The upcoming S7 MaxV boasts a whopping 5,100 pascals of suction – over double that of any previous Roborock. Now as I said, this can sometimes be a confusing spec… I have seen really high suction robots with pretty poor cleaning performance. Often the roller-brush design and aerodynamic delivery of the suction is more important than just bolting on a powerful suction motor. Because the brush design and housing is probably the same as the S7 Plus, it is likely to be really good, but I would be pleased if it was 20-30% improved and shocked if it was actually twice as good. The other models do a really good job so after a point you do enter the territory of diminishing returns.

3. Mopping

The S6 range has static mopping pads. The Pure has a 180ml water tank with a physical switch for high or low water flow rate, while the S6 MaxV has 300ml that is electronically controlled. One notable thing to consider is that the S6 models don’t use ultrasonic sensors to detect carpet so you will need to set up virtual barriers through the app.

The mop on the S7 Plus and S7 MaxV is the same, except the MaxV has 200ml water tank as it can refill itself. The mop on these S7’s is unique – it is the first (and only, I believe) hybrid robot that can raise the mop up when it detects that it is going onto carpet. This allows you to leave the mop attached all the time which is honestly a pretty big deal. It only raises 5mm so if you have thick or deep-pile carpet this may not be enough. The mop on the S7s are also ultrasonic, which just means that the pad vibrates while it’s cleaning. Roborock claim this is 4 x more effective, but don’t actually state which model they’re comparing it to, and we found that the static, drag-around mops on the S6 were surprisingly good compared with other options available.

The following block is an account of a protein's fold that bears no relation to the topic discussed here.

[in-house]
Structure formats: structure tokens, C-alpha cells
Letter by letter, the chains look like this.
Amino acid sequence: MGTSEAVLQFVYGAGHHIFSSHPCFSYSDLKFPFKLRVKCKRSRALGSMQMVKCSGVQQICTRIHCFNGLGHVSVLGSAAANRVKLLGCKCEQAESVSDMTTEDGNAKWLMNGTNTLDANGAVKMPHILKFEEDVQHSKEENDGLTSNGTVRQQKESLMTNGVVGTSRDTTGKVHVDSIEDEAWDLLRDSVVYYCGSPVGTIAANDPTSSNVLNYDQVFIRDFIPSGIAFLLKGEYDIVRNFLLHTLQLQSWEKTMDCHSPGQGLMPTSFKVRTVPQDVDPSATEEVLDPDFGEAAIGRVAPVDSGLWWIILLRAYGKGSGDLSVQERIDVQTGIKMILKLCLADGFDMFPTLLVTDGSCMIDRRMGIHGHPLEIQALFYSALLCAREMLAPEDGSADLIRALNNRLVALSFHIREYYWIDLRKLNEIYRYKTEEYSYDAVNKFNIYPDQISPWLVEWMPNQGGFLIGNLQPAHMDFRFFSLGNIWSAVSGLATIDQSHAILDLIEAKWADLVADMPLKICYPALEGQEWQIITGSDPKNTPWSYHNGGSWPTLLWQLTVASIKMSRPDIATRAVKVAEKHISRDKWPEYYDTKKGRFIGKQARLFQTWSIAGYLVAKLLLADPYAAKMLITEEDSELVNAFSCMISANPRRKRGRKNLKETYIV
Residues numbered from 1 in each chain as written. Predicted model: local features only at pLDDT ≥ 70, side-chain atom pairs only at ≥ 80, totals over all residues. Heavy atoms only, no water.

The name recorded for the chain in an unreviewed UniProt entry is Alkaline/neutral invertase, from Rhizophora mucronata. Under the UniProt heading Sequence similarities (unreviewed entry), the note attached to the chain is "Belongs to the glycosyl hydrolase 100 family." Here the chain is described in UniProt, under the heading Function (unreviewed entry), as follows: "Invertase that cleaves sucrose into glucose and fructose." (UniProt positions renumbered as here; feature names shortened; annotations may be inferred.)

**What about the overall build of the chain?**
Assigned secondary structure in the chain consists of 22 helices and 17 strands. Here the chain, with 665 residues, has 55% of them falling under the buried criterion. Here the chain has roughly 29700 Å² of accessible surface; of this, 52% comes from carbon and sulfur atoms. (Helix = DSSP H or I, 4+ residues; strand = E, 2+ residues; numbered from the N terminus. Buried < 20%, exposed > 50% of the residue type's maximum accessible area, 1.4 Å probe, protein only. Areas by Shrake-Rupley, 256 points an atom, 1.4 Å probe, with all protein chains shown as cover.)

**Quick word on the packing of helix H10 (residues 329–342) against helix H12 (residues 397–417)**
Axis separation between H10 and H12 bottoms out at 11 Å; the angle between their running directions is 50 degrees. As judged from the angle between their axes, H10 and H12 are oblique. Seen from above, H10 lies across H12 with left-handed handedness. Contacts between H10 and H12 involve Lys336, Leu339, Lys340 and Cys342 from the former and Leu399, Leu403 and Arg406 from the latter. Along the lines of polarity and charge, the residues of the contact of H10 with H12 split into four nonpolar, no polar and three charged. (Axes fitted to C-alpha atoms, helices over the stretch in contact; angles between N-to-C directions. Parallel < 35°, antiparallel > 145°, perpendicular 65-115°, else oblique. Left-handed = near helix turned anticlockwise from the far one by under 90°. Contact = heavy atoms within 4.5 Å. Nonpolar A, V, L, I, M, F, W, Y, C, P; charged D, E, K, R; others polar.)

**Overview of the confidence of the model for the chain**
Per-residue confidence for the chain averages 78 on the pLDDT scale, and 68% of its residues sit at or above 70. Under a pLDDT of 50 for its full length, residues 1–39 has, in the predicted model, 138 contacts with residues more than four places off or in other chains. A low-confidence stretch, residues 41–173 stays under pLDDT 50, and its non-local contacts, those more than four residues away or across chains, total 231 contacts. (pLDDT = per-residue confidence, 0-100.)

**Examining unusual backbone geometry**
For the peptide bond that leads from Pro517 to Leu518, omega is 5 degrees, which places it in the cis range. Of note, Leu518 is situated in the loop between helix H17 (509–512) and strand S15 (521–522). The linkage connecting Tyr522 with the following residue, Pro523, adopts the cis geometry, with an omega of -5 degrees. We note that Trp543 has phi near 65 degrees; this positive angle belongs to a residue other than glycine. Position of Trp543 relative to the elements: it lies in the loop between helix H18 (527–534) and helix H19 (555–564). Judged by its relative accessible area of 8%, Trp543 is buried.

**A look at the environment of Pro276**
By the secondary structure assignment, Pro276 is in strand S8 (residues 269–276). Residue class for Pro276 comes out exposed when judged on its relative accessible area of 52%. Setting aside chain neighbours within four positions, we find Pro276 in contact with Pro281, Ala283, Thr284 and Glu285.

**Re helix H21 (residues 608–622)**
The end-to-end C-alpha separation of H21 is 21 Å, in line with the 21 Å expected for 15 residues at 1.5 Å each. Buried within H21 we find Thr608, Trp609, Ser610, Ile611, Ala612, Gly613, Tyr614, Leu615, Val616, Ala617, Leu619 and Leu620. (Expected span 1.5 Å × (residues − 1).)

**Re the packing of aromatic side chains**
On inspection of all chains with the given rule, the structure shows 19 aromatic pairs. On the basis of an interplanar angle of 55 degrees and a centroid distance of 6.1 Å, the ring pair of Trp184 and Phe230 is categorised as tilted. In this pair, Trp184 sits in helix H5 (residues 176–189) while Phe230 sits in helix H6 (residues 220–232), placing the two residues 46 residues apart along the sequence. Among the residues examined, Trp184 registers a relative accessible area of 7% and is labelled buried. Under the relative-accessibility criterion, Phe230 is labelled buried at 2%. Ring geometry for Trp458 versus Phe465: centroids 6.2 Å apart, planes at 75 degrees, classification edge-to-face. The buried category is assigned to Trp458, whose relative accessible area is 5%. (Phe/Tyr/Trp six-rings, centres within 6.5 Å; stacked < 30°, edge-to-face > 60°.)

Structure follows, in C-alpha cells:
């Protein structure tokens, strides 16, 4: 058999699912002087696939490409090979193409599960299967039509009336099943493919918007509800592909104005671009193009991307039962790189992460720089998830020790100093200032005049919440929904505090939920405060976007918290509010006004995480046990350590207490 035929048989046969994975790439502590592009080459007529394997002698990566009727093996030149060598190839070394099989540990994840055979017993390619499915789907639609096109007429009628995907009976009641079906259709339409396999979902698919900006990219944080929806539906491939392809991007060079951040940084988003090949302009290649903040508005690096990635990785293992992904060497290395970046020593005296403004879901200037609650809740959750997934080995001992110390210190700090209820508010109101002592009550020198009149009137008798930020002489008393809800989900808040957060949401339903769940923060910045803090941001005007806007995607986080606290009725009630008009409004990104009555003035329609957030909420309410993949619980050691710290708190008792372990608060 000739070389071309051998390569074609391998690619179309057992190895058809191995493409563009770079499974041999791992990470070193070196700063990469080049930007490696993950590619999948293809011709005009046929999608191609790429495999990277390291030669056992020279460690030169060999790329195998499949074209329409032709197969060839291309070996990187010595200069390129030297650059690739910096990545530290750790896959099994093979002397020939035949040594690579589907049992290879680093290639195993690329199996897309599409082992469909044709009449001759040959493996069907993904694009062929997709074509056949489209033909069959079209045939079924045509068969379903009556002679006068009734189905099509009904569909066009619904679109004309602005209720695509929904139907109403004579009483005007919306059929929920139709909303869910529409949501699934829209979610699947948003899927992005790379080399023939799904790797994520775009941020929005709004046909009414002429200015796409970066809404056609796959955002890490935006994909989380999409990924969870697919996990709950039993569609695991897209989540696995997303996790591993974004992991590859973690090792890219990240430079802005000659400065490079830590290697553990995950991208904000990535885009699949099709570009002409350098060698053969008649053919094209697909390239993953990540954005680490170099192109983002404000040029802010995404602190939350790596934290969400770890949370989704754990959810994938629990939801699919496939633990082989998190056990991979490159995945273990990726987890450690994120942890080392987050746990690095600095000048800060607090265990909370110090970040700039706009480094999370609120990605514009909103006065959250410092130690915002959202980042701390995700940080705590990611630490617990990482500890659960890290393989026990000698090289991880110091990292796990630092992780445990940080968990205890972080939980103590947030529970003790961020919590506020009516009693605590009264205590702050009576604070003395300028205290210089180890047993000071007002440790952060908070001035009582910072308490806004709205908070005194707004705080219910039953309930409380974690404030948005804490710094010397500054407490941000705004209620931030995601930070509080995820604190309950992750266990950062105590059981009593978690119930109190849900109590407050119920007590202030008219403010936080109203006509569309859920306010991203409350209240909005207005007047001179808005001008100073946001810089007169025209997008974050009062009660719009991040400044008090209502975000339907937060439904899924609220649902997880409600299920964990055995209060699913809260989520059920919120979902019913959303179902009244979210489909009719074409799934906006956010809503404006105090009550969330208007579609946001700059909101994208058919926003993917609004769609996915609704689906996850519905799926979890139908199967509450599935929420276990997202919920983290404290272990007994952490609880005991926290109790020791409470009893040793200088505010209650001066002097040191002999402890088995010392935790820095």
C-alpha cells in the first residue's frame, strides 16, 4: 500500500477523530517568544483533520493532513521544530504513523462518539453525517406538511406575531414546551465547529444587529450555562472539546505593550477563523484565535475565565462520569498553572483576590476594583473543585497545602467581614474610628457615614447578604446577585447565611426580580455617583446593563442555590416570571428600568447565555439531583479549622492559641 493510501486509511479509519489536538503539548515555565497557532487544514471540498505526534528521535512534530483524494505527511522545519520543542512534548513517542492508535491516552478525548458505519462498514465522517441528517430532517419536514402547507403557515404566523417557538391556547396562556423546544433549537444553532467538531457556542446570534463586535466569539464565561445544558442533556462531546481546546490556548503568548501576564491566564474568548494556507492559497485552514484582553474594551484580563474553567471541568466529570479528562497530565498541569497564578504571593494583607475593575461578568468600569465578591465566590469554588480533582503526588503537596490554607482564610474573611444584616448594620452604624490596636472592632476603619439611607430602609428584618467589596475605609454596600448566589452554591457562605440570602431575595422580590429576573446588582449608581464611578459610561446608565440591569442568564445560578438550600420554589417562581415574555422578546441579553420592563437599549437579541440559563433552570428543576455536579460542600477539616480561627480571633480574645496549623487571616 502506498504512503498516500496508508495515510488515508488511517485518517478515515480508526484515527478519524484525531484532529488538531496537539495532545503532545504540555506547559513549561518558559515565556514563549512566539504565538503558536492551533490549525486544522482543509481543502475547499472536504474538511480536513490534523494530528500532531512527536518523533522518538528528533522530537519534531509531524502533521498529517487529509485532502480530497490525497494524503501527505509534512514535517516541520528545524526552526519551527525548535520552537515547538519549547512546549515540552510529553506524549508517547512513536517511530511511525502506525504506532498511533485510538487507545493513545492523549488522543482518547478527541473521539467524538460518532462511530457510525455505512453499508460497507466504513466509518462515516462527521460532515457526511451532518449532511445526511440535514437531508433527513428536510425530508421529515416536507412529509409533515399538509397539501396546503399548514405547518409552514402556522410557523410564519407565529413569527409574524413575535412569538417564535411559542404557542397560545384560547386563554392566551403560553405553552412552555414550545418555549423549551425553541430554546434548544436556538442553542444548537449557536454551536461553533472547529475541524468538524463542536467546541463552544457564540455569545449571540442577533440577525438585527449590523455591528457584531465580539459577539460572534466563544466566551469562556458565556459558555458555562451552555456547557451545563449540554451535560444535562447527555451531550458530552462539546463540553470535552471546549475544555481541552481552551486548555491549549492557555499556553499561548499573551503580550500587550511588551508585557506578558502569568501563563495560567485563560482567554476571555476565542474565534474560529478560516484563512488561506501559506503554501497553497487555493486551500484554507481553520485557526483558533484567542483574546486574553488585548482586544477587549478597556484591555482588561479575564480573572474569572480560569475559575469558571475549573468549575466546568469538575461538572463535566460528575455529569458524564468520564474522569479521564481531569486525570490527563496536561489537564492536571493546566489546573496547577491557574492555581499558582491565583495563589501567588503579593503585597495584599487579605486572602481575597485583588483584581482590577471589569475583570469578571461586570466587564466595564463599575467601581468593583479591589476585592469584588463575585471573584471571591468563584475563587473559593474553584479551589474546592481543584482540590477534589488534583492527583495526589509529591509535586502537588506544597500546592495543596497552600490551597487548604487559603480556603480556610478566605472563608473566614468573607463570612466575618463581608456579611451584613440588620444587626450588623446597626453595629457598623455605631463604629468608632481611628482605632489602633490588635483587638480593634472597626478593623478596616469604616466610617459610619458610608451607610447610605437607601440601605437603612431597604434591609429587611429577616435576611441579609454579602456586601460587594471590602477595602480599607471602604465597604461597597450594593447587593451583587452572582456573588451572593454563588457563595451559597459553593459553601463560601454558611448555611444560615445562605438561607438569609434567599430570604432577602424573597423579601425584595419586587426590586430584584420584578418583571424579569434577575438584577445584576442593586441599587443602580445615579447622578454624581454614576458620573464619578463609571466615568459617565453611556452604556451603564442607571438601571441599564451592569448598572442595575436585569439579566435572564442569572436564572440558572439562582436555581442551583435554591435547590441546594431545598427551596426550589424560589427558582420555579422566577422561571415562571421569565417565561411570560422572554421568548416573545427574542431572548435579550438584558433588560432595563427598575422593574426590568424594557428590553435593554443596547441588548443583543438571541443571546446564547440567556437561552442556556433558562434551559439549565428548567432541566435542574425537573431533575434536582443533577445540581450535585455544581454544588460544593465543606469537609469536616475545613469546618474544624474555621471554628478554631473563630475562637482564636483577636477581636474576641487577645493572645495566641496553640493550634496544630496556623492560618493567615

4. Auto-empty station

The S6 Pure and S6 MaxV are not compatible with an auto-emptying dock, which was first released on the S7 Plus. (A Plus usually refers to this auto-empty capability by the way). The S7 Plus comes with an auto-empty dock which holds up to 30 cleans, and in Australia and New Zealand it can be either bagged or bagless…I believe the option is the best solution that other brands need to pick up too.

The S7 MaxV comes in 3 separate options: on the standard option you have a basic charging dock that you empty manually. The S7 MaxV Plus includes an auto-emptying dock that just empties the dust from the vacuuming container, and finally the S7 MaxV Ultra comes with a very special dock. It will empty the vacuum contents, refill the water tank, and even clean the mopping pads.